• 2222/2200/timp.perc/str
  • violin & piano
  • violin
  • 25 min

Programme Note

Concerto for Violin and Orchestra, Op. 12

Allegro con brio (Molto ritmico)
Intermezzo: Moderato con moto
Scherzo: Allegro molto e nervoso
Epilogo: Lento sostenuto ed intenso

The Violin Concerto, first performed in May 1953 in the Third Programme by Frederick Grinke with the St. Cecilia Orchestra under Trevor Harvey, dates from the Spring of 1952. It was written in Italy, under strong emotional compulsion, in the space of three weeks, and is prefixed by some verses of Ada Negri which can be roughly translated 'Today I seek you, and do not find you; you are neither in me nor near me, nor do I know what fault I have committed that you have punished me in the light of your presence'. While reflecting the spirit of the whole work (whose themes - particularly in their 'soaring' upward movement and the significance of moves of a semitone - are interrelated in the four movements), the verses throw particular light on the concluding slow Epilogue, which is the emotional climax of the concerto. The work is a true concerto in the demands it makes on the soloist, yet at the same time it avoids all empty display. The solo part contains little, if anything, that is not thematic, and with much cunning interplay between violinist and orchestra the whole strongly felt argument is expressed with a conciseness and authority that augur extremely well for this composer's future.

The urgent, uprising theme which opens the Allegro con brio at once creates a mood of restless striving. The slightly less busy second subject (announced by the solo violin espressivo and piano) uses all twelve semitones of the chromatic scale as if it were a Schonbergian note-series, but the composer has emphatically stated that this was pure coincidence, that he is note a 'twelve-note' composer, and that all the themes in the work were entirely spontaneous and uncalculated. The cadenza comes as the climax of the development section; the orchestra takes up the soloist's final trills, with arresting effect, by way of a lead back into the recapitulation, in which section the second subject claims attention before the first. Tension is slightly relaxed in the following Intermezzo, though its leading theme (again of strongly marked musical personality) maintains the striving upward movement characteristic of the whole work as it climbs a note higher in each of its opening bars. There is a strong kinship between this theme and the two episodes with which it alternates. The third movement is a Scherzo and Trio, in which the word nervoso qualifying the Allegro molto is the best clue to the kind of highly strung brilliance required in the Scherzo, while the ironico written above the jaunty Trio leaves no doubt as to the composer's mood here. The deeply expressive final Epilogue has the strongest thematic links with the material of the opening movement, and by means of eloquent cantilena from the soloist, solemnly reiterated drum strokes and much sympathetic support from the whole orchestra, rises from a brooding start to an impassioned climax of yearning before sinking into final despair.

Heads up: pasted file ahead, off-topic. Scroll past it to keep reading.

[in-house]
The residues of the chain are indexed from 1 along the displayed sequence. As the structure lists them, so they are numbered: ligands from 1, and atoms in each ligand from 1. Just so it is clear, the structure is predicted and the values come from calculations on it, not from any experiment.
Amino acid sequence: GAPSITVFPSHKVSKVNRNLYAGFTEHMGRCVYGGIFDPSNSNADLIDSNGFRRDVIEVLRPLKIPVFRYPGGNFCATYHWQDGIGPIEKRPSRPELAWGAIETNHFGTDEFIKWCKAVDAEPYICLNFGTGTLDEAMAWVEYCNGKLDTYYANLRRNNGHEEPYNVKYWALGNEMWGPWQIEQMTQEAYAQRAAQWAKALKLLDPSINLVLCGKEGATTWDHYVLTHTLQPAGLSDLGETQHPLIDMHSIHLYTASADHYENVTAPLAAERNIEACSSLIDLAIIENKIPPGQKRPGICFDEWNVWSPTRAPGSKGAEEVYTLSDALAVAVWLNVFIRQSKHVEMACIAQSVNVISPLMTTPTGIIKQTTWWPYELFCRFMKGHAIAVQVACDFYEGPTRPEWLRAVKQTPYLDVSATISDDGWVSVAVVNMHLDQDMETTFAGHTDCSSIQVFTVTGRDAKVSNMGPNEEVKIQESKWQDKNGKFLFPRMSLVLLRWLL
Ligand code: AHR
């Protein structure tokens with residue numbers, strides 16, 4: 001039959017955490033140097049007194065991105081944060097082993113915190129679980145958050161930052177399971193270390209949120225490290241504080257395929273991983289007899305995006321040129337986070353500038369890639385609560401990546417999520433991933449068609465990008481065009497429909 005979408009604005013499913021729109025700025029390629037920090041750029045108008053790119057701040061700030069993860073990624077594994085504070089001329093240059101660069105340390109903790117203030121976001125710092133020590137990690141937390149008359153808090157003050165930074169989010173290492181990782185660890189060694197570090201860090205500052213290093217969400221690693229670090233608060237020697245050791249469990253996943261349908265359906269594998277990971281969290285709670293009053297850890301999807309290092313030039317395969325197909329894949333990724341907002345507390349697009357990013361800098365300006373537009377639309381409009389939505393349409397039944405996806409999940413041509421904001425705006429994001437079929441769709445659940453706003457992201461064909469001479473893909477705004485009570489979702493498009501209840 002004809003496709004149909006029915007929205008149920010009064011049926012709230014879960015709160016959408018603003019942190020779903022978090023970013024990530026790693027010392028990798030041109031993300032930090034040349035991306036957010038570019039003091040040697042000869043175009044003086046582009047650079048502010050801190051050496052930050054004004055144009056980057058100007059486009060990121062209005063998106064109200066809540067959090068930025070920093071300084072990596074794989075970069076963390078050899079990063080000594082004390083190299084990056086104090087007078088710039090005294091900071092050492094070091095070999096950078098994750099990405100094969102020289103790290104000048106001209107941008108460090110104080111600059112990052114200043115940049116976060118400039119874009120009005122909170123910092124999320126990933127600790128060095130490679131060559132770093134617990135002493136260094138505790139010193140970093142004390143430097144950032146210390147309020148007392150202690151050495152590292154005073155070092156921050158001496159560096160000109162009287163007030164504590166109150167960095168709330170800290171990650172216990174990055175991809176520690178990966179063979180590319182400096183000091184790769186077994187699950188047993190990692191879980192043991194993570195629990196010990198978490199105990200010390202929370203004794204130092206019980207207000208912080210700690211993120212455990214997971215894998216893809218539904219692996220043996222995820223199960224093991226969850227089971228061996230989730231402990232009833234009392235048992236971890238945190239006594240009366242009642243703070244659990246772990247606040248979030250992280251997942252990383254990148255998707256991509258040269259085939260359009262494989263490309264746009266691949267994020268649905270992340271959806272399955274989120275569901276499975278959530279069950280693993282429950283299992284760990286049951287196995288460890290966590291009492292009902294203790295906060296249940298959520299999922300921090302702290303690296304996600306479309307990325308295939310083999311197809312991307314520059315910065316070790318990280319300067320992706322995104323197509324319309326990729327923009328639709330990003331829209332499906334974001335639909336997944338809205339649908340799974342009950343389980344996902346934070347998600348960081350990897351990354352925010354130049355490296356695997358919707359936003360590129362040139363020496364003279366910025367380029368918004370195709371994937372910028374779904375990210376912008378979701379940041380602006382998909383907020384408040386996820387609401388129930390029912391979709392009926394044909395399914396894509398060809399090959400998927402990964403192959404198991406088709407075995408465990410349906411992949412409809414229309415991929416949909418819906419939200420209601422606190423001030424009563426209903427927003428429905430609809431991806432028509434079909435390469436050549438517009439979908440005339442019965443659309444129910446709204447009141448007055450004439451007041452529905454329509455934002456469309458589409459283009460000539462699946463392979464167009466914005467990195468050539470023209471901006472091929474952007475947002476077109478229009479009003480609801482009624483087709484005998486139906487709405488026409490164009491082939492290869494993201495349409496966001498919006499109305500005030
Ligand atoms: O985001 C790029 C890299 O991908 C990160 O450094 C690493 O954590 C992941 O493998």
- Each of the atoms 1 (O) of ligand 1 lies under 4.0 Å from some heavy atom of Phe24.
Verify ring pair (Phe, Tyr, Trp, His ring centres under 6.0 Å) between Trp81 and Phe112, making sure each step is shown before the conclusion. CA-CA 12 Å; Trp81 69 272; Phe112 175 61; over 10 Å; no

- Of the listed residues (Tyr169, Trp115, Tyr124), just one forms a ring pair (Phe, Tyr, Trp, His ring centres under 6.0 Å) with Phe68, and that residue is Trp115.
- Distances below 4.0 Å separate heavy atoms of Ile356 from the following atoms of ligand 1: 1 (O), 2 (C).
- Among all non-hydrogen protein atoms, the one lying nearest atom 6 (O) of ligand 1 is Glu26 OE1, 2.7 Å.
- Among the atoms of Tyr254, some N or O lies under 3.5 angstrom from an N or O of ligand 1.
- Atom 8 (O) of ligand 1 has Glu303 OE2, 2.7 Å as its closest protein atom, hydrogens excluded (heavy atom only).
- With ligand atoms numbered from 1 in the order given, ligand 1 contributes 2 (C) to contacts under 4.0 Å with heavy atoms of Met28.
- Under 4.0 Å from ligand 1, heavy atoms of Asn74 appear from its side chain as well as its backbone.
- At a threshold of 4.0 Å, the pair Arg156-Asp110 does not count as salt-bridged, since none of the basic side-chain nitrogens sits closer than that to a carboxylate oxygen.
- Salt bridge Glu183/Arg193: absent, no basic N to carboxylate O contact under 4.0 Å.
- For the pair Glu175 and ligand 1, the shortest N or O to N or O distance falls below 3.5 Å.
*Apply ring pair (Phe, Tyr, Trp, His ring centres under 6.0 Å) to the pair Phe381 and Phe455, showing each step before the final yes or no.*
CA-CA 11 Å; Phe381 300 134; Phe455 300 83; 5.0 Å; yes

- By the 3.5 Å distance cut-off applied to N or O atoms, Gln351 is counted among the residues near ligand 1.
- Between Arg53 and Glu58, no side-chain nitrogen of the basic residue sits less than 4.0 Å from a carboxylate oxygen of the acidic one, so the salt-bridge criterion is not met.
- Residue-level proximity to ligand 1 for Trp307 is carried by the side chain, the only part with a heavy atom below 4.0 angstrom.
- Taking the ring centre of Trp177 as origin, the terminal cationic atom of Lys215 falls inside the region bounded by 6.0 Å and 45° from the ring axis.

© Kenneth Leighton


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